Dogs have been a huge part of my life since the day I was born. My parents had both always had dogs, when I came along they had an old black Labrador named Sally and a young Springer Spaniel puppy called Meg. I don’t remember a lot about Sally but Meg and I grew up together. She was my best friend in the whole world. She was quite a small and timid dog but I remember my parents telling me that one day she was sleeping next to my cot and a large Boxer dog walked in to our house, Meg chased that Boxer out of our house and down the street acting like she was the biggest, most ferocious dog in the world! We used to curl up to sleep together, in my bed or hers(!), and according to my mum she once walked in on me suckling on Meg’s nipple!! “Katie, what on earth are you doing?!”, said Mum. “We’re playing puppies!”, said I. Of course I wouldn’t recommend letting your child suck your dogs nipples but I wanted to describe to you just how close or bond was; it doesn’t get much closer!!
When myself and Meg were 8 years old we found out she had cancer in her leg. An operation to remove her leg was planned and that day at school everyone made get well soon cards for Meg, with pictures of a happy 3-legged dog running around in the fields. Everyone loved her and everyone knew how much we loved each other. After school I was given the news that the cancer had spread to her heart and lungs, there was nothing they could do to save her and my best friend was gone. 23 years ago and there are tears streaming down my face as I type. “It’s not fair!”, I screamed as I melted in to an inconsolable heap in my dad’s arms. I didn’t know what life was without Meg, we had been side by side from the day I was born and somehow I had to carry on without her.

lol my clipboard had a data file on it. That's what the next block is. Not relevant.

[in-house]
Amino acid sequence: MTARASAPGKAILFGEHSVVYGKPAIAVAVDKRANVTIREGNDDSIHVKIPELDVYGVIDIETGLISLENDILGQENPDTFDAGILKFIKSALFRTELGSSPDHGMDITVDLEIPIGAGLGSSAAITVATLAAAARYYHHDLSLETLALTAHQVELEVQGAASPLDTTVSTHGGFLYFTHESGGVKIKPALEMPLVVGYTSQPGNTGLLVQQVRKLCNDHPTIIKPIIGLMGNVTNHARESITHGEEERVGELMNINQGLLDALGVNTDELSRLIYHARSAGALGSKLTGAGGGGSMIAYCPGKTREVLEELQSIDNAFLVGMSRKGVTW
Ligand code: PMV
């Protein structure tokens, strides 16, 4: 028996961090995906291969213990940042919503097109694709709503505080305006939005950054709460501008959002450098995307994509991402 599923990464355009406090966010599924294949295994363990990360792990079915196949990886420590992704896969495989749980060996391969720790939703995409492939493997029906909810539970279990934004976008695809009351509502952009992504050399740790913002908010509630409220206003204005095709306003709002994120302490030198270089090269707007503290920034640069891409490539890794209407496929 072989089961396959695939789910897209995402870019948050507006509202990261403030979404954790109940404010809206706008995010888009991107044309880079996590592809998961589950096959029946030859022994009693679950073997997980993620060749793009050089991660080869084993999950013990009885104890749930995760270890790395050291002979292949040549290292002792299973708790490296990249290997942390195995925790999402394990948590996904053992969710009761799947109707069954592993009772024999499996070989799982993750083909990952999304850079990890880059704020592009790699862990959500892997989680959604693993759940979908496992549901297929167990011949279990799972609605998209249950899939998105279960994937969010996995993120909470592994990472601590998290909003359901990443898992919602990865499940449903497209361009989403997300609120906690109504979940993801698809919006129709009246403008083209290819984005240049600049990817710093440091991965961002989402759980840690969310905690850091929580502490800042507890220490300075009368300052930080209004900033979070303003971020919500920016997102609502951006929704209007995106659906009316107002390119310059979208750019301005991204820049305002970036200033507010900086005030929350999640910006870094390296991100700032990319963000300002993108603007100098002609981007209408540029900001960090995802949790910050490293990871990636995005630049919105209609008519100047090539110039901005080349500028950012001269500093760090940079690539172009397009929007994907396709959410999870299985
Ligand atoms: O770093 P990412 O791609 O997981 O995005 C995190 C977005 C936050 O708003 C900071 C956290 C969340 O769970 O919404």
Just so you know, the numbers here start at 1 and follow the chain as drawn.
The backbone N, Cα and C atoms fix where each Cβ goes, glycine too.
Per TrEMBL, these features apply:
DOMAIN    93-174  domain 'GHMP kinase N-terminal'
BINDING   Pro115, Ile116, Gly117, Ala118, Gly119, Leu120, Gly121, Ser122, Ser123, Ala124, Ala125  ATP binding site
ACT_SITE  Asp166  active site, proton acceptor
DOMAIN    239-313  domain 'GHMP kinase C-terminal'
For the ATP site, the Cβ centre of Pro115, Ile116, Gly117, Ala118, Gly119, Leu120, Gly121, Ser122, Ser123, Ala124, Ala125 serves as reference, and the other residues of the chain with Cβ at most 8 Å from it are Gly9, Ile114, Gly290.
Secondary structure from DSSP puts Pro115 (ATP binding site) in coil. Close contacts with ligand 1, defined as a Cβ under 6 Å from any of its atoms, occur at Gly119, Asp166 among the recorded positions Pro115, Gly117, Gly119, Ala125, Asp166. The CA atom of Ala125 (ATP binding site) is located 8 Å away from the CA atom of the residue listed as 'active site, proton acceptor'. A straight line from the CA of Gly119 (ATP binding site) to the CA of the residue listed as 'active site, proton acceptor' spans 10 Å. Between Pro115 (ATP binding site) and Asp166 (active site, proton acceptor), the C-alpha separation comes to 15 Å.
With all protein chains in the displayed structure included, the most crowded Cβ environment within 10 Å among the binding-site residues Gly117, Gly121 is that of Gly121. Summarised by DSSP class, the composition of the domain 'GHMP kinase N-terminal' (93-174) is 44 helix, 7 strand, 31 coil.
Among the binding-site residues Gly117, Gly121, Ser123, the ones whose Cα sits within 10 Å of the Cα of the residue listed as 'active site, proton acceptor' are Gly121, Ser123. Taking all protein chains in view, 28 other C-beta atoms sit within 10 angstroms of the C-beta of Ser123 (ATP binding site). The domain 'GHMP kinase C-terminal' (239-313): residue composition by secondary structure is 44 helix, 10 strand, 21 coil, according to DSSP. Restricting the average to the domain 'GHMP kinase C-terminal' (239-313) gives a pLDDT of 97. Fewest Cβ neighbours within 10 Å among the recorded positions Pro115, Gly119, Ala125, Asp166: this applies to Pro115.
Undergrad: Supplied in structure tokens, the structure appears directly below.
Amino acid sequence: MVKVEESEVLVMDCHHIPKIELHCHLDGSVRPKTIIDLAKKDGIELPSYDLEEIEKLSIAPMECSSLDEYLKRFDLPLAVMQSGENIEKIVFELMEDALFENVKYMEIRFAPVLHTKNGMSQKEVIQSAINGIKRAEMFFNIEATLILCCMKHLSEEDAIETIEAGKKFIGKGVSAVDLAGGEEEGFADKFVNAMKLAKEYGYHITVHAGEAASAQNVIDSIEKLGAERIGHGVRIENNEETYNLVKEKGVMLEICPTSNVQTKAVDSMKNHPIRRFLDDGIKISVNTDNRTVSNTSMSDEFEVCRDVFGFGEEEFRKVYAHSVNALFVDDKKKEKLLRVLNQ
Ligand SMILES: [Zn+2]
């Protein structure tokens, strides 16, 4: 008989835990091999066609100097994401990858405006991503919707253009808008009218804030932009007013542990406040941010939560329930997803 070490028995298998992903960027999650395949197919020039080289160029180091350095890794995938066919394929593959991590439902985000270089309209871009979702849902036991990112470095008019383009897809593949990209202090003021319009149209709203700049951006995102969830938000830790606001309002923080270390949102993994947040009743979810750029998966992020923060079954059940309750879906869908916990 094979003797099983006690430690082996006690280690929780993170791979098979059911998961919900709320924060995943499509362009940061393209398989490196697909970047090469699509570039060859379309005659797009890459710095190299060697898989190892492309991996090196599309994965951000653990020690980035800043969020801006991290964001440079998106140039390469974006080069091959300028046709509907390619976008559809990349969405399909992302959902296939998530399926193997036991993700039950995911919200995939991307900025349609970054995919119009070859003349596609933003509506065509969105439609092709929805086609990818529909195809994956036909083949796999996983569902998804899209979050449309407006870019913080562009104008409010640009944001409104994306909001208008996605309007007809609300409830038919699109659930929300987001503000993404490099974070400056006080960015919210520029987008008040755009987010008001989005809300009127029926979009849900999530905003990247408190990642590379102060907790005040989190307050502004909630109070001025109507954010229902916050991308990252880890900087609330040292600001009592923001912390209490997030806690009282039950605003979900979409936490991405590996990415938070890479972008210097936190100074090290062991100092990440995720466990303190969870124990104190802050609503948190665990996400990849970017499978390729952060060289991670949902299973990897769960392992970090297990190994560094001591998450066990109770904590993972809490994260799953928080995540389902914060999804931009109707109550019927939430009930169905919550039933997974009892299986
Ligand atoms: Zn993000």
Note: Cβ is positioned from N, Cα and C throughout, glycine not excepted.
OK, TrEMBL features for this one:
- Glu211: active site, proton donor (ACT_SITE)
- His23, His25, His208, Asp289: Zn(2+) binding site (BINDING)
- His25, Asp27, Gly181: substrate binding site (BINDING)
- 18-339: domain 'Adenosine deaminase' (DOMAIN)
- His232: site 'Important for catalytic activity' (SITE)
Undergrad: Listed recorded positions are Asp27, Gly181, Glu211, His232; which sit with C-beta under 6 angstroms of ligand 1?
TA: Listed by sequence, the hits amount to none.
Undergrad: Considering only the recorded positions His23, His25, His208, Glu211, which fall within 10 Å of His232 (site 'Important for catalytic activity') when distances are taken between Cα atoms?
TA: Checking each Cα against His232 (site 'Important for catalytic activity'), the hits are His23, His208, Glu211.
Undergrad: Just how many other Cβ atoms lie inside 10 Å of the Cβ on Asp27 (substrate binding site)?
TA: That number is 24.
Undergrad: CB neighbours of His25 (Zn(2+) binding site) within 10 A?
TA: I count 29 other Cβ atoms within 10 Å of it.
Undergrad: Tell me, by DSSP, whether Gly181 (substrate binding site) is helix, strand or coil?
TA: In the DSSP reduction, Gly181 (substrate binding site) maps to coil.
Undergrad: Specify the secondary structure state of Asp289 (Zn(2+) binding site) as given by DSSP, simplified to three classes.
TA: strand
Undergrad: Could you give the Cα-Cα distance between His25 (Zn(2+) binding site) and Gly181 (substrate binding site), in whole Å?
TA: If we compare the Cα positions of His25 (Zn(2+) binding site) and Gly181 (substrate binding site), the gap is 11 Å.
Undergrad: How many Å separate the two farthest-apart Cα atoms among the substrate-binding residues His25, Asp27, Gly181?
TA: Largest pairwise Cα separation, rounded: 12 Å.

The house was so empty without a dog. We all missed her every moment of every day. A few months later someone in our village said they were going to be having Springer puppies and in November 1998 we went to see some squidgy one week old black and white pups (that resembled guinea pigs more closely than dogs!). We chose Lily. Early 1999 she came home and as I was nearly 9 years old I was expected to be heavily involved in her care and training. Lily was never going to replace Meg; once a dog has touched your heart they are there forever, but it was lovely to have a dog again.
When Lily was around 6 months old my dad enrolled us in to obedience classes. I believe it was a 6 week course, the plan being that I learned how to handle and train her properly so we had a well behaved pet. Well, it went a little further than that…
There was a test at the end of the course and that little spaniel with that little 9 year old me went and won! I was hooked. We continued with the obedience club not just for another set of classes but for years, progressing all the way through to the highest level class and eventually competing in obedience shows. A couple of years after starting at the club they put on a fun agility class one summer. Lily and I both loved it and got pretty good pretty quickly as we had built such a great bond through all our previous training. That was it. That summer class of fun agility changed my life. We joined an official agility club and started competing.